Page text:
These are the stalwarts of defense. Ball winners at their best, thugs at their worst. Outside of keepers, these are the players least associated with being "good soccer players." It is a myth, and unfortunate, because the centerback is vital to the success of the team. Generally tall, strong and willing to get in there. These men stop the flow of play against their own team. But some of the greatest differences in these players are what they do when they win the ball.
Here's the initial post on tools for outfield players, and below the break are the definitions of each tool and discussion about the players.
Technical Ability - This encompasses what is done ON-ball. Things like dribbling, passing, man-on-man defense and shooting skills.
Tactical Judgement - This is about awareness of shape of both sides, off-ball runs, zonal defense, passing into runs.
Offensive Skills - How the player's tools translate when the team HAS the ball.
Defensive Skills - How the player's tools translate when the team LACKS the ball.
Physique - Size, Strength, Speed, Stamina are all in this one tool. How a player uses their strengths and minimize their weaknesses here is also important.
The ratings were derived from the frontpage authors at the time (Dave, Jeremiah, sidereal, malcontentjake) and Graham at WAGNH. They are based on performance in 2010, and are a review, not projection. They are an average of the five voters.
Sometimes when we don't see a player for 6 months we forget how good they are. Of course, the other chance is also true in that they may be overrated. Jhon Kennedy Hurtado though is likely judged fairly. Let's remember he was an All-Star in 2009. Adrian Hanauer said that he is the most effective passer on the team via the Sounders closed statistical measurements of 2010. He was quick, fast and strong. He won aerial balls, as well as being an amazing one-on-one defender. If healthy he is a true difference maker in defense for any team in the league.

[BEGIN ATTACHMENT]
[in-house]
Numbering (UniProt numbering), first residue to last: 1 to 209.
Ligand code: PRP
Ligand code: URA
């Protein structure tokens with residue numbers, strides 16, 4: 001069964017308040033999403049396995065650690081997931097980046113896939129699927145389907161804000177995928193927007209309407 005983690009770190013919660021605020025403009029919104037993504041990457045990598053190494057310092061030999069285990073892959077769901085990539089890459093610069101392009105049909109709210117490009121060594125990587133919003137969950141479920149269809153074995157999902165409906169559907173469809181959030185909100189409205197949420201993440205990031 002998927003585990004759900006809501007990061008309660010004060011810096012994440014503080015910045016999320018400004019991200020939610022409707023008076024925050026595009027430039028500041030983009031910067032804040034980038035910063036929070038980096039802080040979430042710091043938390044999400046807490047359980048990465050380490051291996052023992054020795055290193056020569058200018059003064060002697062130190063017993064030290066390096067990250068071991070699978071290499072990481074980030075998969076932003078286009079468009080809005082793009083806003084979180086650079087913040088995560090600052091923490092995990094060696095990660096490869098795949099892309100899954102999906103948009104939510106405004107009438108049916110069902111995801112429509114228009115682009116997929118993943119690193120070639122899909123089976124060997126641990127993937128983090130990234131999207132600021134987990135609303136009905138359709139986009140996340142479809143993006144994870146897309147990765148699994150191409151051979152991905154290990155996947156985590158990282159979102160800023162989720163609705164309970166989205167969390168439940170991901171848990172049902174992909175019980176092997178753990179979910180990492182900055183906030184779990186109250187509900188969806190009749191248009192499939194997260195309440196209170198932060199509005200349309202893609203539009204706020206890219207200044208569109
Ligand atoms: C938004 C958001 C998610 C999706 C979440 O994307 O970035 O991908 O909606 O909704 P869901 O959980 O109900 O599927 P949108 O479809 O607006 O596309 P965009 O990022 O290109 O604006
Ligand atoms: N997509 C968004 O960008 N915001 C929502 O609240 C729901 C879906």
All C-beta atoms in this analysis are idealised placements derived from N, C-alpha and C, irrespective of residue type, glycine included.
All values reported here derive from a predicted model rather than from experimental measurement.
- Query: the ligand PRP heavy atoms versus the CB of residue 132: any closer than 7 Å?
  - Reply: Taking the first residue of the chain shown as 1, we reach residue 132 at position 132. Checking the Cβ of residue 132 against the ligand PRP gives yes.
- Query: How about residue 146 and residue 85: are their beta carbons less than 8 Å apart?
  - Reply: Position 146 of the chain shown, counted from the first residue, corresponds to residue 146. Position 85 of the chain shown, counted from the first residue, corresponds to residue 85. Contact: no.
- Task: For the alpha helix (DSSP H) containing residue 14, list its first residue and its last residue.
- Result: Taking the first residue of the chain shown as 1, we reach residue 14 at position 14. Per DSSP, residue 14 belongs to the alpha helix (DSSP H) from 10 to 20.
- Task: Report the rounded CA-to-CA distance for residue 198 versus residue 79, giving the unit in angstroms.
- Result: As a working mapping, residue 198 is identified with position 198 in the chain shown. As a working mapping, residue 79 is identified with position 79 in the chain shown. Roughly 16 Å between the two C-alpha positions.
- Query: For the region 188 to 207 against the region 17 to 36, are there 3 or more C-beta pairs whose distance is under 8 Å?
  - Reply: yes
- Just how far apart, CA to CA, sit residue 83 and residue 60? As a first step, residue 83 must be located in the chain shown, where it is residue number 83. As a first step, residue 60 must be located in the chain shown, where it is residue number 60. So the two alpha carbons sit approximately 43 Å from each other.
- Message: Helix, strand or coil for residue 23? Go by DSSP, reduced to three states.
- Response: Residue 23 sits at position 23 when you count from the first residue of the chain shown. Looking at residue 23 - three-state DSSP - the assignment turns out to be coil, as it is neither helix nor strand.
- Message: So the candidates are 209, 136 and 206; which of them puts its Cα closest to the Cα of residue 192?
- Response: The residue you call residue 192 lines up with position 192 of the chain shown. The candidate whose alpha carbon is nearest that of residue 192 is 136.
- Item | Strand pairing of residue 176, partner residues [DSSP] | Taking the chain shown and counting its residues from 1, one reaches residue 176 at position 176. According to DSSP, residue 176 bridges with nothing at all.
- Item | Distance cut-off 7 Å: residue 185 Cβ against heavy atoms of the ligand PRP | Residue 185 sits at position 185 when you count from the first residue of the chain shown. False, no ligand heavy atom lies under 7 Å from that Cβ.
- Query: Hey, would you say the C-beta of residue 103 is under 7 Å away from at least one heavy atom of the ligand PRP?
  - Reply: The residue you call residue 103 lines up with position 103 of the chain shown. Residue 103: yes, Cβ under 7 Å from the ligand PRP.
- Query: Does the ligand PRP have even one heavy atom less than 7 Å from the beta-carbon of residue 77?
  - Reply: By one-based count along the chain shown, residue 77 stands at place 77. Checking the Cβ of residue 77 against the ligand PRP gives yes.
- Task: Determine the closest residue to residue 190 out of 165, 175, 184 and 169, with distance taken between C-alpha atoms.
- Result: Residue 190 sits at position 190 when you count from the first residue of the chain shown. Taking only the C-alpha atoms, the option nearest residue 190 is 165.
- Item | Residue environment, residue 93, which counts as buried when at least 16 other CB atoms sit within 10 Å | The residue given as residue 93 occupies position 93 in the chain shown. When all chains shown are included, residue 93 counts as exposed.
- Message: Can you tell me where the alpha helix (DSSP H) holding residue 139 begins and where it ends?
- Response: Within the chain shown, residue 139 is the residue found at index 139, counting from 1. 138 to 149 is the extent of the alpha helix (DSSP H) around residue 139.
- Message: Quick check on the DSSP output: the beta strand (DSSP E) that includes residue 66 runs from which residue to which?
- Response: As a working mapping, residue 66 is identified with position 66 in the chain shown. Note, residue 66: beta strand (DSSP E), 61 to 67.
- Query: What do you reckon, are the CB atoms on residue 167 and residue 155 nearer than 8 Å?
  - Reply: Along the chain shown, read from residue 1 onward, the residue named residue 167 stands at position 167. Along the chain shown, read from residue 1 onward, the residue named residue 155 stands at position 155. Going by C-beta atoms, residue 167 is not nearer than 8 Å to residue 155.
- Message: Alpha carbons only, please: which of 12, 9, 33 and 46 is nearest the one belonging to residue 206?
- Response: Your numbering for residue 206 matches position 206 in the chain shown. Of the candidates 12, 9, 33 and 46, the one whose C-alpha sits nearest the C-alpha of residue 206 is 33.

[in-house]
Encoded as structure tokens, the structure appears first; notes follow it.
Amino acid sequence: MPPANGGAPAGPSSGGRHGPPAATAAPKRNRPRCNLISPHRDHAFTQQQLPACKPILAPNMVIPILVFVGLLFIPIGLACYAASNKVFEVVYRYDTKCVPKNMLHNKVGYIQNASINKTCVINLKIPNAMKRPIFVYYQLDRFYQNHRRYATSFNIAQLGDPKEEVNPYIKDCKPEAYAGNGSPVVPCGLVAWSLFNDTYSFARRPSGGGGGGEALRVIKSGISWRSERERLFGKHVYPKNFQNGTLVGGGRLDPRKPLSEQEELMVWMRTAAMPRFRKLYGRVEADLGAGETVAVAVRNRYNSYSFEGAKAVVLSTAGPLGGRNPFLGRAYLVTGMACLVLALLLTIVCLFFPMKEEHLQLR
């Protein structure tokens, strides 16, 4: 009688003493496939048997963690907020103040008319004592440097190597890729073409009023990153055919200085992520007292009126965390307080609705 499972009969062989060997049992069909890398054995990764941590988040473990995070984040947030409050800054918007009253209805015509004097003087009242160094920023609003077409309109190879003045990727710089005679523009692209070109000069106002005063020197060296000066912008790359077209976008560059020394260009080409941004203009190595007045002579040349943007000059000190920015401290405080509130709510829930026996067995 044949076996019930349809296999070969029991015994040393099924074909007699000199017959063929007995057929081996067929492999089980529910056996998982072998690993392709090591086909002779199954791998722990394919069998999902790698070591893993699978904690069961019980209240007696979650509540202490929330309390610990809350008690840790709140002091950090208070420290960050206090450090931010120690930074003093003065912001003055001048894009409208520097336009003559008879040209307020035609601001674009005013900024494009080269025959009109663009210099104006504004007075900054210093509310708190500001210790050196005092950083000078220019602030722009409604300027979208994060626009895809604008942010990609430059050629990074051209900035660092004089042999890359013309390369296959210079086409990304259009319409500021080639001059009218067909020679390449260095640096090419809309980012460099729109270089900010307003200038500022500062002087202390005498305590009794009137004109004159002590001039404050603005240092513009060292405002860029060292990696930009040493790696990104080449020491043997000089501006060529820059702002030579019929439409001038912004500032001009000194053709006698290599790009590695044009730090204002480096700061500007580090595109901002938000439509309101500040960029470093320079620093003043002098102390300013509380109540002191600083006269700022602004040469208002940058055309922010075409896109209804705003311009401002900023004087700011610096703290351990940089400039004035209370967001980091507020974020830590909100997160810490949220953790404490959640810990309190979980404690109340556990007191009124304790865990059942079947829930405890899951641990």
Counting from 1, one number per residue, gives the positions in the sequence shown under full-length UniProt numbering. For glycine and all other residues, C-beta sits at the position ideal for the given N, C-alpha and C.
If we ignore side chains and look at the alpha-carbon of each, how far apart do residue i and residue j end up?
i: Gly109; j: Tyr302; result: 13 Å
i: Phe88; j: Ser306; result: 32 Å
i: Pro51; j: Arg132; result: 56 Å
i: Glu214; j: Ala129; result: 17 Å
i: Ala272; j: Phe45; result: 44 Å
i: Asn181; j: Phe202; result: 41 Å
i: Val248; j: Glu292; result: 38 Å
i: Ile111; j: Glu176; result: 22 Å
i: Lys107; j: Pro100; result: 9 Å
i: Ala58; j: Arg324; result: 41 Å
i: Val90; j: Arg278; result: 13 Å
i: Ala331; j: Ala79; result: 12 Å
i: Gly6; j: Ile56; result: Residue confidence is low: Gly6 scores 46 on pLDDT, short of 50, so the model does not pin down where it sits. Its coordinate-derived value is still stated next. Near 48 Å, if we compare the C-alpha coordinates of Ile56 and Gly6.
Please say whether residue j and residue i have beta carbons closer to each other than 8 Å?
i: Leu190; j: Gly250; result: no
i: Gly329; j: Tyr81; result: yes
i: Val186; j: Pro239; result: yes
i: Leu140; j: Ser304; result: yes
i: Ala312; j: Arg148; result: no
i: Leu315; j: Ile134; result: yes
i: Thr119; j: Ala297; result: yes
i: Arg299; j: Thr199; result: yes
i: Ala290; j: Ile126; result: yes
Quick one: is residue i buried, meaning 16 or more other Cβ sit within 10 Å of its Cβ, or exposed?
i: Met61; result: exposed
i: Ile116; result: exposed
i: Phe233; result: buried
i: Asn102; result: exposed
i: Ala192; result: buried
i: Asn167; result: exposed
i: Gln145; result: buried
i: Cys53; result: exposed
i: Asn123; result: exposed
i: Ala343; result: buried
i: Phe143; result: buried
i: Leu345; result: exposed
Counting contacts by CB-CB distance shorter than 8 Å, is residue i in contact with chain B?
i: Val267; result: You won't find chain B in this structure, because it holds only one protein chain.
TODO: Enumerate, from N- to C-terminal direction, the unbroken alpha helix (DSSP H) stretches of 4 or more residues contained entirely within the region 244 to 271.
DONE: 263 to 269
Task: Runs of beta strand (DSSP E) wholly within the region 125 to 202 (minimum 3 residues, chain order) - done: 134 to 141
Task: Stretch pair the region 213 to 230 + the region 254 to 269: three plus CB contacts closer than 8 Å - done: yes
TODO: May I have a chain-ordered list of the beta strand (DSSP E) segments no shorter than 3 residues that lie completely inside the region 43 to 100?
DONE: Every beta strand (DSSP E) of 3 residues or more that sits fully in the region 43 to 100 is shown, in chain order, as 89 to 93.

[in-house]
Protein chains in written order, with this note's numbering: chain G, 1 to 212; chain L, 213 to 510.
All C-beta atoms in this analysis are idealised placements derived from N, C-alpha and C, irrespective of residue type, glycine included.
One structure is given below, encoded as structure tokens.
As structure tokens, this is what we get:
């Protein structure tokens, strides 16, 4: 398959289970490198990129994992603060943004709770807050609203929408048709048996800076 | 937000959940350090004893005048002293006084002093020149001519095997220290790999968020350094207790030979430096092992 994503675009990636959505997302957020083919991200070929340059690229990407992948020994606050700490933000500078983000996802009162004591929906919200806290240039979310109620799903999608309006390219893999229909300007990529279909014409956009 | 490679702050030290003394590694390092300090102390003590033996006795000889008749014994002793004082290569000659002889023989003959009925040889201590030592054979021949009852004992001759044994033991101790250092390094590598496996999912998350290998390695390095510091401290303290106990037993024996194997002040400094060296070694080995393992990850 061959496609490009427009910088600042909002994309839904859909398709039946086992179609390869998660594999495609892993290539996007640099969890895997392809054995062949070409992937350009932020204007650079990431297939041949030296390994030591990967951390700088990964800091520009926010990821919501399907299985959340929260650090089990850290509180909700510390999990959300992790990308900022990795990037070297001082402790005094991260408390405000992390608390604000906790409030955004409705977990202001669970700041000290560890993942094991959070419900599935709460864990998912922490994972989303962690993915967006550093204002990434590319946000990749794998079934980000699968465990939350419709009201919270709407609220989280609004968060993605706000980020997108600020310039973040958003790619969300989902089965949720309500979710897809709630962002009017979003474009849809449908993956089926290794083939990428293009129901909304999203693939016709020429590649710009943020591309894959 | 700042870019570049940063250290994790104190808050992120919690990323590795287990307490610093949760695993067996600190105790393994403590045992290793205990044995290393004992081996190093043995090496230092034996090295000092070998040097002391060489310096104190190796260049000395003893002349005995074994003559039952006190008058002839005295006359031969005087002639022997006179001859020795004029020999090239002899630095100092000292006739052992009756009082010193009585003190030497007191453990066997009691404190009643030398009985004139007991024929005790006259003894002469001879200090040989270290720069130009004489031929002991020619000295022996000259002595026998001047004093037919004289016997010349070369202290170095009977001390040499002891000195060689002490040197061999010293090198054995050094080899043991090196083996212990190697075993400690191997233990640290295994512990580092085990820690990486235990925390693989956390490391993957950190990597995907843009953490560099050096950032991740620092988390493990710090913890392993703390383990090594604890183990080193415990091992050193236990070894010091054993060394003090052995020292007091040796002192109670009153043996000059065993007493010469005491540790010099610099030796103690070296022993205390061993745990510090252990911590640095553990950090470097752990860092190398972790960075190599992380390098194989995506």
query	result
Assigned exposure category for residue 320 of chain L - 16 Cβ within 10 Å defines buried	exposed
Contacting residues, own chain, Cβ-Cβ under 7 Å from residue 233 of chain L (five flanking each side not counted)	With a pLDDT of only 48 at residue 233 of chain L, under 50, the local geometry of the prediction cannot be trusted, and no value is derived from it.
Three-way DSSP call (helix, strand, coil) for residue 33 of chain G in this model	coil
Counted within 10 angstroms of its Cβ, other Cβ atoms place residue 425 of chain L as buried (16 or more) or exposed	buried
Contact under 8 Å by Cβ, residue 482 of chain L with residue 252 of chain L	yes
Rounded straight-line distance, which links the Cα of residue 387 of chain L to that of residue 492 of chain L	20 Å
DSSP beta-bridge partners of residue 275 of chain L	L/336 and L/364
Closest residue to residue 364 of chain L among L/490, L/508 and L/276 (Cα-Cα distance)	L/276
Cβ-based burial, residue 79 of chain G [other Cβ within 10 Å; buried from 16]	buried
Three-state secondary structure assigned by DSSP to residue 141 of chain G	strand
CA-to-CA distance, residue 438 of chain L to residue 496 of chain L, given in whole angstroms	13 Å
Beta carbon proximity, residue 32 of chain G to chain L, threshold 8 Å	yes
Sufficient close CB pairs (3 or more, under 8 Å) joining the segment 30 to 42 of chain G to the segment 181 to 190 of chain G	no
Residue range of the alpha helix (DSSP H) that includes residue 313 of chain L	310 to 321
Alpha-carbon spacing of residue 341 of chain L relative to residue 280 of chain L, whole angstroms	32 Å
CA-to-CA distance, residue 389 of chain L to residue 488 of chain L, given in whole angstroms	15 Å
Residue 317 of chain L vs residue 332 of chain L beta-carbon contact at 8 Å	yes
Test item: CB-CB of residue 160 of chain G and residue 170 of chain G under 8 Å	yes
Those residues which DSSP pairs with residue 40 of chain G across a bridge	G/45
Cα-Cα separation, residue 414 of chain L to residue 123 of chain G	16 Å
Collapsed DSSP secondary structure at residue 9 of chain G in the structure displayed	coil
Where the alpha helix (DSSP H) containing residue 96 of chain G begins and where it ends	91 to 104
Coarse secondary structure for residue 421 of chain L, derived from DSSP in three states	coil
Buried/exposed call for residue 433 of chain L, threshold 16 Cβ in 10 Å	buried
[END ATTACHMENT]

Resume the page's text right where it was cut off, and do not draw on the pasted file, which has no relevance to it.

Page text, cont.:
Two players paired with Hurtado. Now a former Sounder, Tyrone Marshall's greatest strengths were in toughness and clearing the ball a long distance, not necessarily with accuracy. He was also foul prone. Tyrone has the skills to be serviceable, but we saw a significant change when Patrick Ianni played as part of the center pairing.
Ianni's biggest difference is his ability to add something to the offense. He did this in set-plays, while not converting as often as one would like, but also with dribbling skills and some passing, though not at Jhon's level. His skills in the air are as good as any.
Jeff Parke joined a team that was already built. His opportunity came about due to injury, and he rapidly became a leader of the defense. Sure, he's a vocal leader, but what is more relevant to this conversation is that he's capable of dribbling through porous opposition forwards. He may not be quite as skillful in his off ball defense as the other two he currently battles for being a starter, but he's solid on the ball.
With the MLS Sounders we haven't seen as much of Taylor Graham as those of us who followed him in the USL would like, but when we do see him he has been particularly strong in the air, uses his body well and has some potential as a set-play offensive piece. But he has been injured, a situation that seems to be becoming a trend.
Since the roster battle is a major discussion point right now, I will include Wahl's numbers
From what the author's here have seen he is not centerback material, at least not in a starting role for League, nor non-League competition. But he can contribute, and some of his tactical and positional issues may be related to learning a newish role.